I am representing a 16 year old boy charged, by his association with a group of other youths, with multiple counts of Murder, Robbery, and Assault. He was present, along with 30 to 100 others, in the surrounding area where a murder took place. He was arrested at 4:45 am at JFK Airport and brought to the 104th precinct for questioning. At the time of his arrest, he had a valid plane ticket to visit his ailing father in the Dominican Republic.
At the precinct, he was questioned for over 10 hours. The detectives attempted to read him of his Miranda rights when the boy told them he did not speak English. They then located another detective who spoke fluent Spanish and, 4 hours after his arrest, he was read his Miranda rights in Spanish. The boy responded that he understood his rights and agreed to talk with the detective. He was given a bagel to eat and some water to drink. The entire interview took place over 10 hours. During those 10 hours. the boy gave confessions, which were later repeated to two Assistant District Attorneys in the interview room.
A hearing was conducted to determine whether the confessions made by the boy were voluntarily given. According to the detectives, the boy never asked to speak to a lawyer, or call a parent or other family member, so that a lawyer could be retained for him. The detective also testified that none of the boy’s family members, or an attorney called the precinct.
When I cross examined the detective, he admitted that the boy had indeed asked to call his mother but the detective refused to allow him access to a phone!!!! He claimed he knew the boy’s mother was en route to the Dominican Republic but did not know if the boy’s mother had a cell phone!!!! The detective never gave the boy the opportunity to call any other family members or friends.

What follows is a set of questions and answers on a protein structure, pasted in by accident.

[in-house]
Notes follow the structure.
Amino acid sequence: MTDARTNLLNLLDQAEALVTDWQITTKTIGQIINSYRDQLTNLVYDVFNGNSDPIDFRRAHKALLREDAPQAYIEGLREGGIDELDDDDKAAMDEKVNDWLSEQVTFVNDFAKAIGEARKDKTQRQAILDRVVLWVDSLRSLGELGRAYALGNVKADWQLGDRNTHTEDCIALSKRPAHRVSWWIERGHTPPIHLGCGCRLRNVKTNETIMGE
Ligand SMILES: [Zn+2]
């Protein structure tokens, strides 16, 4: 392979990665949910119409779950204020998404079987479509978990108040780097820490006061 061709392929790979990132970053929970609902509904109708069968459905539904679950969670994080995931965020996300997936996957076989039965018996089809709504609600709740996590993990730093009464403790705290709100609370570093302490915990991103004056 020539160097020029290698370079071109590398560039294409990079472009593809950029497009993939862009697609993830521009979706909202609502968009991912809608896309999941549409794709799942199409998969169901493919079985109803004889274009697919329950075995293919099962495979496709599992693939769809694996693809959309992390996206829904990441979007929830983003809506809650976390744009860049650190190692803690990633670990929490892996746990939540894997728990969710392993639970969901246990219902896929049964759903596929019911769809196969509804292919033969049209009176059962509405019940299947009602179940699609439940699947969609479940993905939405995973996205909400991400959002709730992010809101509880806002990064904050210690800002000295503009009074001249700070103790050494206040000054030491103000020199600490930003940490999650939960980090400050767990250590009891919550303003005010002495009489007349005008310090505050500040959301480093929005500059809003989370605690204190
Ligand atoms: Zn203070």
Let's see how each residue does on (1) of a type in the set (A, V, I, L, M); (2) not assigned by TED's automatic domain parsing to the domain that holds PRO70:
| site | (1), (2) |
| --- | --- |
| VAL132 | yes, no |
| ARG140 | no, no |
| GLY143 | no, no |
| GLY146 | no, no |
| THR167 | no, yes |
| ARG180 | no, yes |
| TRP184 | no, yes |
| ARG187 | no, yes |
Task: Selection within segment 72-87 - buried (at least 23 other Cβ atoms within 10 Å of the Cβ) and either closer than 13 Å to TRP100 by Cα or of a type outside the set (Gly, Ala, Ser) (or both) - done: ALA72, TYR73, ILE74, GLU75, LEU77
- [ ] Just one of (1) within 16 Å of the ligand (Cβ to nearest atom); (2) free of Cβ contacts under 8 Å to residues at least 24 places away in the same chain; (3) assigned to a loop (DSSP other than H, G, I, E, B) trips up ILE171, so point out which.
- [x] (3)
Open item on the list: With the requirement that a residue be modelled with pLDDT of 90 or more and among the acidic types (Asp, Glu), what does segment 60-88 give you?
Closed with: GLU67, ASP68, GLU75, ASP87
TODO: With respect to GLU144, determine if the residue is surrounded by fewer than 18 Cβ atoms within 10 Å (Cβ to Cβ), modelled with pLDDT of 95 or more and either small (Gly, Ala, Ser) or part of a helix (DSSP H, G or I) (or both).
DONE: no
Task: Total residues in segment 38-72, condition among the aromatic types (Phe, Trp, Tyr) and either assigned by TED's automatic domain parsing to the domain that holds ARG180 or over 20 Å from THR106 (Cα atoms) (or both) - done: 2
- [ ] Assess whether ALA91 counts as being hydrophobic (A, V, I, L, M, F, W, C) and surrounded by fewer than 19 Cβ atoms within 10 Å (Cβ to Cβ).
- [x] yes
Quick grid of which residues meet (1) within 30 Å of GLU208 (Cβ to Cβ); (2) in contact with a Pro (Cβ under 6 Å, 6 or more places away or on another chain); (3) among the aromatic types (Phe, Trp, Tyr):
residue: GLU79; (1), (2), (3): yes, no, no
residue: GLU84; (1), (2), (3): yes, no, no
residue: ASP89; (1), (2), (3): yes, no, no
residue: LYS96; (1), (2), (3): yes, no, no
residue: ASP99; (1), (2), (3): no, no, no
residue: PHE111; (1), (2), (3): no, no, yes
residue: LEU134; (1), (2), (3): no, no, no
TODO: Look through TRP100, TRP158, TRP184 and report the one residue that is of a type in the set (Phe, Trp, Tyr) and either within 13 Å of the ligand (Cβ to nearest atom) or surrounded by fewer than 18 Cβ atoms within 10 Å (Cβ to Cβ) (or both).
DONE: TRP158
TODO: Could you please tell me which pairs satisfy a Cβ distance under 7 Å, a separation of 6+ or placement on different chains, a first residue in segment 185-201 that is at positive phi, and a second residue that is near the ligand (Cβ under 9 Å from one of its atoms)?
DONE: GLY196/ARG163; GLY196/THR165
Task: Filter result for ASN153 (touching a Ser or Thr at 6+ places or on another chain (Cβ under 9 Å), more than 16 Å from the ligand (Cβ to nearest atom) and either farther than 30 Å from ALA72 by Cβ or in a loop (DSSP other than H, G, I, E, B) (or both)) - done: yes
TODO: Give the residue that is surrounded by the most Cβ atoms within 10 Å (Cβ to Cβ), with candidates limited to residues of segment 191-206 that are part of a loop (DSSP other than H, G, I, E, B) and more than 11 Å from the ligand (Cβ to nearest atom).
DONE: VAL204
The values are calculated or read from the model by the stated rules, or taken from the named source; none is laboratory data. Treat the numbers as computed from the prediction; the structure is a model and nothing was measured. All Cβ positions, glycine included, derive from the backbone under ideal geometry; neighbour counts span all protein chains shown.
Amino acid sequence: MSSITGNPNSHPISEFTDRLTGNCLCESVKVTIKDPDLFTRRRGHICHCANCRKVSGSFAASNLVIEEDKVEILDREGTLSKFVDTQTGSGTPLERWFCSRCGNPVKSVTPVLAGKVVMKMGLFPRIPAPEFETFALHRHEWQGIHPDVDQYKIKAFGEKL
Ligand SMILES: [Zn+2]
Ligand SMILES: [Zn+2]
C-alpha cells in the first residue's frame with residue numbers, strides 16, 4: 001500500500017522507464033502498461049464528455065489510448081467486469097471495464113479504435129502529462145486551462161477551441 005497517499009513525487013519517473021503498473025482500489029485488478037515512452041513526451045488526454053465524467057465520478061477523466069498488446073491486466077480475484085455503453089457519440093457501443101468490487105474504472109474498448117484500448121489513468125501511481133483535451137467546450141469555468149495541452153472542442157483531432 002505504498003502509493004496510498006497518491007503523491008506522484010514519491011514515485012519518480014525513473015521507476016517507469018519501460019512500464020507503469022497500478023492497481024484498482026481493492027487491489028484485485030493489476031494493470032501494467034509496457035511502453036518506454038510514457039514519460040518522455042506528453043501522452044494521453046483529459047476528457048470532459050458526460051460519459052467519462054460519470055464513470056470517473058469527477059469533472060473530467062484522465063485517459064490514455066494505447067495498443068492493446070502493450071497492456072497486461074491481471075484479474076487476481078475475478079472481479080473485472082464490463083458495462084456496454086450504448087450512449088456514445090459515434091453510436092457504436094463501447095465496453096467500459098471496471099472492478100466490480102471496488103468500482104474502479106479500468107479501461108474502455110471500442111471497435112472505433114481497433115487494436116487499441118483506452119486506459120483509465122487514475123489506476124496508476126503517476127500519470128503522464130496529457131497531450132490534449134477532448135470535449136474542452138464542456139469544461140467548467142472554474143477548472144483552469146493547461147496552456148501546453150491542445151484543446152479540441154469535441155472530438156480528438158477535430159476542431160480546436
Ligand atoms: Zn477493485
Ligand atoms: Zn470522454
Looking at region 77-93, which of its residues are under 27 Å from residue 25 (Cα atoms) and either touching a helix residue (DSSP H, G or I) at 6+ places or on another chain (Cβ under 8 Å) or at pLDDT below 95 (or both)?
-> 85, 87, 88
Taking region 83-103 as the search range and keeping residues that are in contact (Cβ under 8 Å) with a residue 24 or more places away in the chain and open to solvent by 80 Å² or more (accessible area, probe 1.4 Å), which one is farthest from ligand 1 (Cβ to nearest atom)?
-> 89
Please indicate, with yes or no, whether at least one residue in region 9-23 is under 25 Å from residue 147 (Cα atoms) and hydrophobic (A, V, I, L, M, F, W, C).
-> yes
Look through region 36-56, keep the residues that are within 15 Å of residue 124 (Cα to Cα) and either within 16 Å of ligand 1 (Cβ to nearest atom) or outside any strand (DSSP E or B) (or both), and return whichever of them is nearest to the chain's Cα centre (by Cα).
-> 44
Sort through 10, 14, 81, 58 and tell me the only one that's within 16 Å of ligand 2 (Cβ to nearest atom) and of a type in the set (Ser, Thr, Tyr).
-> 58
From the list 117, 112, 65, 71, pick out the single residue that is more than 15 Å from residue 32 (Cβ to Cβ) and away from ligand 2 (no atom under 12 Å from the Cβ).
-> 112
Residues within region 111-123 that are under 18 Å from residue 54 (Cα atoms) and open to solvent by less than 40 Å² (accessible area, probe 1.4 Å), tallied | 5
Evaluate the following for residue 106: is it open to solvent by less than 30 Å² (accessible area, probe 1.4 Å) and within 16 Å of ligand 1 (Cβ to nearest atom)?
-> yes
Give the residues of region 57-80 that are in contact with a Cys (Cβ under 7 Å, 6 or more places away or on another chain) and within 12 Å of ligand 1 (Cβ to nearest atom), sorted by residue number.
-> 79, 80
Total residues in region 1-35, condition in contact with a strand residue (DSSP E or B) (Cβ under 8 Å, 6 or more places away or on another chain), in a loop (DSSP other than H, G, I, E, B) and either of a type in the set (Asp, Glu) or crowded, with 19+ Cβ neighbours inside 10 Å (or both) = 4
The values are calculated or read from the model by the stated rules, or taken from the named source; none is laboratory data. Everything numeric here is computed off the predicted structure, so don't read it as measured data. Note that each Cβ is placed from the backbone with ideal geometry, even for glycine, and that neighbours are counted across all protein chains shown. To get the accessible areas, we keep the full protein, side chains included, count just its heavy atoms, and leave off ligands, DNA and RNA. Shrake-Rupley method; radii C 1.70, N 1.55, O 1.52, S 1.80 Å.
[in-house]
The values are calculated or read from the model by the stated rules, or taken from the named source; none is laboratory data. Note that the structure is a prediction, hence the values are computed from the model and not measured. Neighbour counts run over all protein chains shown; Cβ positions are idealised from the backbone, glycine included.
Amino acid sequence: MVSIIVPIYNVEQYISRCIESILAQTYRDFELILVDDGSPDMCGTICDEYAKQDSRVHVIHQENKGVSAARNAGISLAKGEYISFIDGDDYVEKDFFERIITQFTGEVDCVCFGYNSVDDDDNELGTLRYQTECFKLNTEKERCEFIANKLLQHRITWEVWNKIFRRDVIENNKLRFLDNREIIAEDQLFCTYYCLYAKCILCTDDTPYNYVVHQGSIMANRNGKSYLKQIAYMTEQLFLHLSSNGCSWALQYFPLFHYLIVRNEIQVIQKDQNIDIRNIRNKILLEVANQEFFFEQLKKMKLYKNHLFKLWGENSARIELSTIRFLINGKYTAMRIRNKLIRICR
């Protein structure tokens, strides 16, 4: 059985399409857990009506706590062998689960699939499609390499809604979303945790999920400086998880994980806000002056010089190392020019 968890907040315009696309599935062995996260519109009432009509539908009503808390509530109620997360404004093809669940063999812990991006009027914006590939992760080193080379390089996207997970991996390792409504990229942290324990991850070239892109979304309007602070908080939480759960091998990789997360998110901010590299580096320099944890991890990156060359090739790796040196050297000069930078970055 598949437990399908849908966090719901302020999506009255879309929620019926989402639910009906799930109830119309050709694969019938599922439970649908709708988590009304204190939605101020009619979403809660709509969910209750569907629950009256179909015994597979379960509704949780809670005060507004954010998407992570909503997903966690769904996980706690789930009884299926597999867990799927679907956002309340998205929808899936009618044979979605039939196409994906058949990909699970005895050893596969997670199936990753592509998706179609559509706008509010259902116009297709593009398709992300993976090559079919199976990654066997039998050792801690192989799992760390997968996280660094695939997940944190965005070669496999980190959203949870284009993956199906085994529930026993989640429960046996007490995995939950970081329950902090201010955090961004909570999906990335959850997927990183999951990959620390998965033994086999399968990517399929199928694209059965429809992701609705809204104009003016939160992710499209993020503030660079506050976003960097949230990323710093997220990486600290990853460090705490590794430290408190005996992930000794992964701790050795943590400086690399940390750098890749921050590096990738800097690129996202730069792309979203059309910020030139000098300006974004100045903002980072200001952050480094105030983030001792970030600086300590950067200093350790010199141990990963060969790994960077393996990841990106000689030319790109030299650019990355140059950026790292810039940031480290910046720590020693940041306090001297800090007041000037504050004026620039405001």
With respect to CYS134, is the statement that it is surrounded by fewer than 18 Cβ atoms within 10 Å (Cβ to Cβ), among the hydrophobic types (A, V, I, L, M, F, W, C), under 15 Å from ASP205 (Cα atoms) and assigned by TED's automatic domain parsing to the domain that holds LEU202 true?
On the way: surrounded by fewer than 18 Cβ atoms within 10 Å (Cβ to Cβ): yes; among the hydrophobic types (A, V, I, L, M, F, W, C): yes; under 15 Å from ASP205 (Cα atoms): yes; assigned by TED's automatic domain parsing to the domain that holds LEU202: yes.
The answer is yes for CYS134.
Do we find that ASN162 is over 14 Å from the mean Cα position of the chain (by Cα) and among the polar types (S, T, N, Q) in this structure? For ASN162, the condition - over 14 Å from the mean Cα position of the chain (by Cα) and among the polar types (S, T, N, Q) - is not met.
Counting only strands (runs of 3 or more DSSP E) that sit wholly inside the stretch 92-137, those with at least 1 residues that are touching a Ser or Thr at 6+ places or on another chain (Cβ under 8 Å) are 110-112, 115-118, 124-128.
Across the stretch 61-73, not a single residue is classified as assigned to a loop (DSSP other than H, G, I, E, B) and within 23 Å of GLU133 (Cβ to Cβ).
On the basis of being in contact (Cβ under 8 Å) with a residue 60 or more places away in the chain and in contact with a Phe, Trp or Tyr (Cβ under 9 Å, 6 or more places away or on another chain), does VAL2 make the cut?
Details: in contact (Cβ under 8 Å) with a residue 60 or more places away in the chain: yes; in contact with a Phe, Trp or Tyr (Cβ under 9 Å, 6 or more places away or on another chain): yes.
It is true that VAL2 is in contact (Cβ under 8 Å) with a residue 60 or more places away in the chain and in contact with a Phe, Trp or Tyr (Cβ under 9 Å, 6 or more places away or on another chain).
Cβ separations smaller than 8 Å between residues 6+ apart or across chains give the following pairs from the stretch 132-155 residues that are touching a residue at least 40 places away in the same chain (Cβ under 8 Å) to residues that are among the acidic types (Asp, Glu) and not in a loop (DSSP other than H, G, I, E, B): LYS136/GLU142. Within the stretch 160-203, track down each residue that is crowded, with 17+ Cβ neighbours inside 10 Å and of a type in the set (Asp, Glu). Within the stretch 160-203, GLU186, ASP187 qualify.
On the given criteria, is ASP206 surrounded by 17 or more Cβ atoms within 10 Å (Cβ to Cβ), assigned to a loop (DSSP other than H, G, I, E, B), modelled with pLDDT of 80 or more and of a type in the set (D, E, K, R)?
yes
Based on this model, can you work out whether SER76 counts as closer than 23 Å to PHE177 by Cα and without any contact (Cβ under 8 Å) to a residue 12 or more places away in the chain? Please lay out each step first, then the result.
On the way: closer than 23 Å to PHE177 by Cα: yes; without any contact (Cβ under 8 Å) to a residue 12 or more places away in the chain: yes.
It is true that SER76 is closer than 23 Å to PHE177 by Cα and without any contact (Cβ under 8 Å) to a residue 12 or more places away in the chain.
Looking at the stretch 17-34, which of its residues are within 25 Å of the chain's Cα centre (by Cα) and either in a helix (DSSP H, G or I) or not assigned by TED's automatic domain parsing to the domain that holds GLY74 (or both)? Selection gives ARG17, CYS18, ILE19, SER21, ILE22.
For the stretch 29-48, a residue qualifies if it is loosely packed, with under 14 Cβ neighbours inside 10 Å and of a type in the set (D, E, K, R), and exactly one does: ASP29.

The Judge watched the taped interview and, in a thoughtful decision, concluded that the boy did not voluntarily, knowingly and intelligently waive his right to remain silent. The Judge reasoned that although the boy stated he understood his right to remain silent, based on his demeanor and behavior, the boy did not understand the importence of the rights he was giving up. The Judge went on to explain that during the entire 10 hour interview not a single officer made any effort to let the boy’s family members know that he was at this precinct being questioned. The Judge also said that in the videotape of the interview, the boy appeared nonchalant and seemingly unaware of the significance of the confessions he was making. While he was alone in the interrogation room, he played air basketball – dribbling an invisible basketball and shooting into an imaginary basket on the walls. The Judge concluded considering all of the circumstances of the case it would not have been difficult for the police to provide this boy with the opportunity to reach out to any other family member in order to let them know where he was.
The Judge also concluded that law enforcement unfairly took advantage of this youthful defendant under these circumstances and that this boy did not knowingly and intelligently understand his Miranda rights. Consequently, the District Attorney cannot use any of the boy’s confessions at the trial.
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